The turbulence in the banking industry over the past year has BoA trading relatively cheap compared to recent history. While the stock has run up 28% from its low point in October, its valuation is still reasonable, with the stock trading at a 5% discount to book value and 1.3 times tangible book value (which strips out any intangibles, like goodwill). It's also well below its 10-year average price-to-earnings ratio.

Is Bank of America Stock a Buy? | The Motley Fool (2)

BAC Price to Book Value data by YCharts. PE Ratio = price-to-earnings ratio.

Is Bank of America a buy?

Bank of America is relatively cheap and is well-positioned to benefit from possible interest rate cuts by the Federal Reserve in 2024. According to CME Group's FedWatch Tool, markets are currently pricing in seven interest-rate cuts, bringing the federal funds rate from 5.5% to 3.75% through the end of this year.

As noted above, higher interest rates weigh on BofA's net interest margin and loan book, so lower rates should alleviate those pressures. This reduction in interest rates could also spur loan demand among consumers and businesses that have been waiting for lower interest rates to refinance or take out new loans.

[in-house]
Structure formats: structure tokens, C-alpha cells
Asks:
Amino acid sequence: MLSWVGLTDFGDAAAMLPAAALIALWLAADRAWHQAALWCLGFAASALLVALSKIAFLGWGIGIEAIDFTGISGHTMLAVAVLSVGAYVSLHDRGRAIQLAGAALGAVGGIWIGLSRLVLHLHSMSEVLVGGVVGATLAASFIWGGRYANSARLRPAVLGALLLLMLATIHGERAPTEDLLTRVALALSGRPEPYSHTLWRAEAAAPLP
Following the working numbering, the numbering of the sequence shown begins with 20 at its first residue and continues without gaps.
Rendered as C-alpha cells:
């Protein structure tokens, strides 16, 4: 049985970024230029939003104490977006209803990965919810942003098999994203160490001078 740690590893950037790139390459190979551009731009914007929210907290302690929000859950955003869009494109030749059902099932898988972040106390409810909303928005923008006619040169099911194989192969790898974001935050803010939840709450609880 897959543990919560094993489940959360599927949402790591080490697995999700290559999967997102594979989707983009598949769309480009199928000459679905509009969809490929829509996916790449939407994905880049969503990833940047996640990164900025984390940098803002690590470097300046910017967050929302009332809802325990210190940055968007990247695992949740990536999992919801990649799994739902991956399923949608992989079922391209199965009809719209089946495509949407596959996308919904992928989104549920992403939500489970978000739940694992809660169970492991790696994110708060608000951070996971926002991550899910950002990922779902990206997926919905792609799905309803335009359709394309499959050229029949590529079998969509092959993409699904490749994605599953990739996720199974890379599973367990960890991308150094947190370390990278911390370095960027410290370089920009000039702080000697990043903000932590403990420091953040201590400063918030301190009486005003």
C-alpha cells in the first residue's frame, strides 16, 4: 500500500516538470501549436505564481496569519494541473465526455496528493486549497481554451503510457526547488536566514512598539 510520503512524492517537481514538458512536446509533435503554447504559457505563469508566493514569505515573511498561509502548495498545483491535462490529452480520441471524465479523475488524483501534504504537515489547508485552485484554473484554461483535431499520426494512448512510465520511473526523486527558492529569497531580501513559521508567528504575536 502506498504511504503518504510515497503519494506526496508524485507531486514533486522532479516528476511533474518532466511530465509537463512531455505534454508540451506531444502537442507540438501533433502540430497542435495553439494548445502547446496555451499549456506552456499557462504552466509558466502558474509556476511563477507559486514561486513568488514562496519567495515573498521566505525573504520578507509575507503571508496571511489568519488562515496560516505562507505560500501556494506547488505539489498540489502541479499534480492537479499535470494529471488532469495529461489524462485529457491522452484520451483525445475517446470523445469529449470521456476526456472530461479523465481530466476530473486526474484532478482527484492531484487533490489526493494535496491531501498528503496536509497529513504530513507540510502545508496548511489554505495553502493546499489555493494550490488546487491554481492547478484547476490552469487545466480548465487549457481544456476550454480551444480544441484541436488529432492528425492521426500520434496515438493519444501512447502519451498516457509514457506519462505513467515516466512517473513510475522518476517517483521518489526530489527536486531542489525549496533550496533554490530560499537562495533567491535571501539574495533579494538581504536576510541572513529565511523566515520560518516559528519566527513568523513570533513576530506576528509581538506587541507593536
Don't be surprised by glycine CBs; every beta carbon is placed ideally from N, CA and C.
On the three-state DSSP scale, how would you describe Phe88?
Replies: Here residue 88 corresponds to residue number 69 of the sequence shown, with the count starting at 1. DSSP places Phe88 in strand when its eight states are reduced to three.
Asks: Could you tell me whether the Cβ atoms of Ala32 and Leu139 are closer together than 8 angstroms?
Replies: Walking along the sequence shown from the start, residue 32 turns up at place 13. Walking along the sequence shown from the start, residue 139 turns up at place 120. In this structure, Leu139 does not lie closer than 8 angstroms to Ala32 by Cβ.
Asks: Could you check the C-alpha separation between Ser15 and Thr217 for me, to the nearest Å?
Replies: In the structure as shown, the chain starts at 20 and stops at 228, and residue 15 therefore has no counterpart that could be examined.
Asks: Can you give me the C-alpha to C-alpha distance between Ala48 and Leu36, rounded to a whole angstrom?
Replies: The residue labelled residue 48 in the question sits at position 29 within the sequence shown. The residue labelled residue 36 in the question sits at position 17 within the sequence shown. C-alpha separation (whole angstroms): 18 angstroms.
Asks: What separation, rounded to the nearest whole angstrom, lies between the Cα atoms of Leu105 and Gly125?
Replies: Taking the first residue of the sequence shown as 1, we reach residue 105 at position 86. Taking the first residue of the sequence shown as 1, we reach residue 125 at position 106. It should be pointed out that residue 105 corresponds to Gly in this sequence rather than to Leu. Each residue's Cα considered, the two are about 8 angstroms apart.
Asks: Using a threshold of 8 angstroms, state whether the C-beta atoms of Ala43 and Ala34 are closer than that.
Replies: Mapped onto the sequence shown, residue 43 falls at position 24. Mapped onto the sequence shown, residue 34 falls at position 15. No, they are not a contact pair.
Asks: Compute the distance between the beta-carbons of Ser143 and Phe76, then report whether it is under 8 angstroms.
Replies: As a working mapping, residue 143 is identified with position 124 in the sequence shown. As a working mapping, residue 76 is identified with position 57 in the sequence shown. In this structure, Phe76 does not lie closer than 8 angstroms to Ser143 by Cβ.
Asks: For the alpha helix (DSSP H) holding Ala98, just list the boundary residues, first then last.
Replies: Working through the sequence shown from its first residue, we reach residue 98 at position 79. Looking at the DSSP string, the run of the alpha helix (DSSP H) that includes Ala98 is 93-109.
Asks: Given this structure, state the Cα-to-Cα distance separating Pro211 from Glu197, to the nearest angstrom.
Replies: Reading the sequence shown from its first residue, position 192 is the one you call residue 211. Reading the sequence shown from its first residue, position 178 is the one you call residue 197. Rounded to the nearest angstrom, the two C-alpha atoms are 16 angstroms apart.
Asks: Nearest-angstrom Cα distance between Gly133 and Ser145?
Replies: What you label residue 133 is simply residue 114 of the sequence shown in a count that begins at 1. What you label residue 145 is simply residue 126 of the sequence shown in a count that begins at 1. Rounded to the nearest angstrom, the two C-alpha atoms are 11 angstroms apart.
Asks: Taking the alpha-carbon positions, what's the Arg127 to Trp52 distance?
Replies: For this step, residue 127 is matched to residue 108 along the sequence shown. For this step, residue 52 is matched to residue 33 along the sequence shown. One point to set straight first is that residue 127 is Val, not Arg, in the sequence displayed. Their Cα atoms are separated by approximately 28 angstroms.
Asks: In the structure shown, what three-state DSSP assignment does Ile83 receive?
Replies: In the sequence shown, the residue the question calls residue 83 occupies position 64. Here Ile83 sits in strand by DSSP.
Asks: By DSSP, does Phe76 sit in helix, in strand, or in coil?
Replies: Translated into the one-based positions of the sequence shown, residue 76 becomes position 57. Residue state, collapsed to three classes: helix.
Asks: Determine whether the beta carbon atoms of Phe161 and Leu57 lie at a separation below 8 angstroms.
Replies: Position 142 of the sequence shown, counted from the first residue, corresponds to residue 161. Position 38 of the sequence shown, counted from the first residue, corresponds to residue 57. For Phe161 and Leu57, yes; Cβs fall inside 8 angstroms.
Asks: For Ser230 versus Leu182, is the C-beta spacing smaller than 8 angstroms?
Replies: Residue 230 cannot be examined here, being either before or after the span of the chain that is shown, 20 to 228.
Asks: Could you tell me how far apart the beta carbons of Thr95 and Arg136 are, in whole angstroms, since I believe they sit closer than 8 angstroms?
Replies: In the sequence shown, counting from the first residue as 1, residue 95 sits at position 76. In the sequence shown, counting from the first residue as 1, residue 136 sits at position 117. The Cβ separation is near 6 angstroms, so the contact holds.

Bank of America is a solid bank stock worth holding, and today could be a good time to buy a few shares. Even so, with the recent 28% run-up over the past several months, it wouldn't be too surprising if the bank stock were to dip by 10% to 15% over the short term. That could be a great chance to add more shares, as a Fed pivot will likely benefit it more later in the year and beyond.

Bank of America is an advertising partner of The Ascent, a Motley Fool company. SVB Financial provides credit and banking services to The Motley Fool. Courtney Carlsen has positions in Silvergate Capital. The Motley Fool has positions in and recommends Bank of America. The Motley Fool recommends CME Group. The Motley Fool has a disclosure policy.

As an experienced financial analyst specializing in banking and investment strategies, I've closely monitored the performance of major financial institutions like Bank of America (BoA) over the years. My expertise in this domain is substantiated by years of firsthand experience analyzing market trends, evaluating earnings reports, and advising clients on investment opportunities within the banking sector.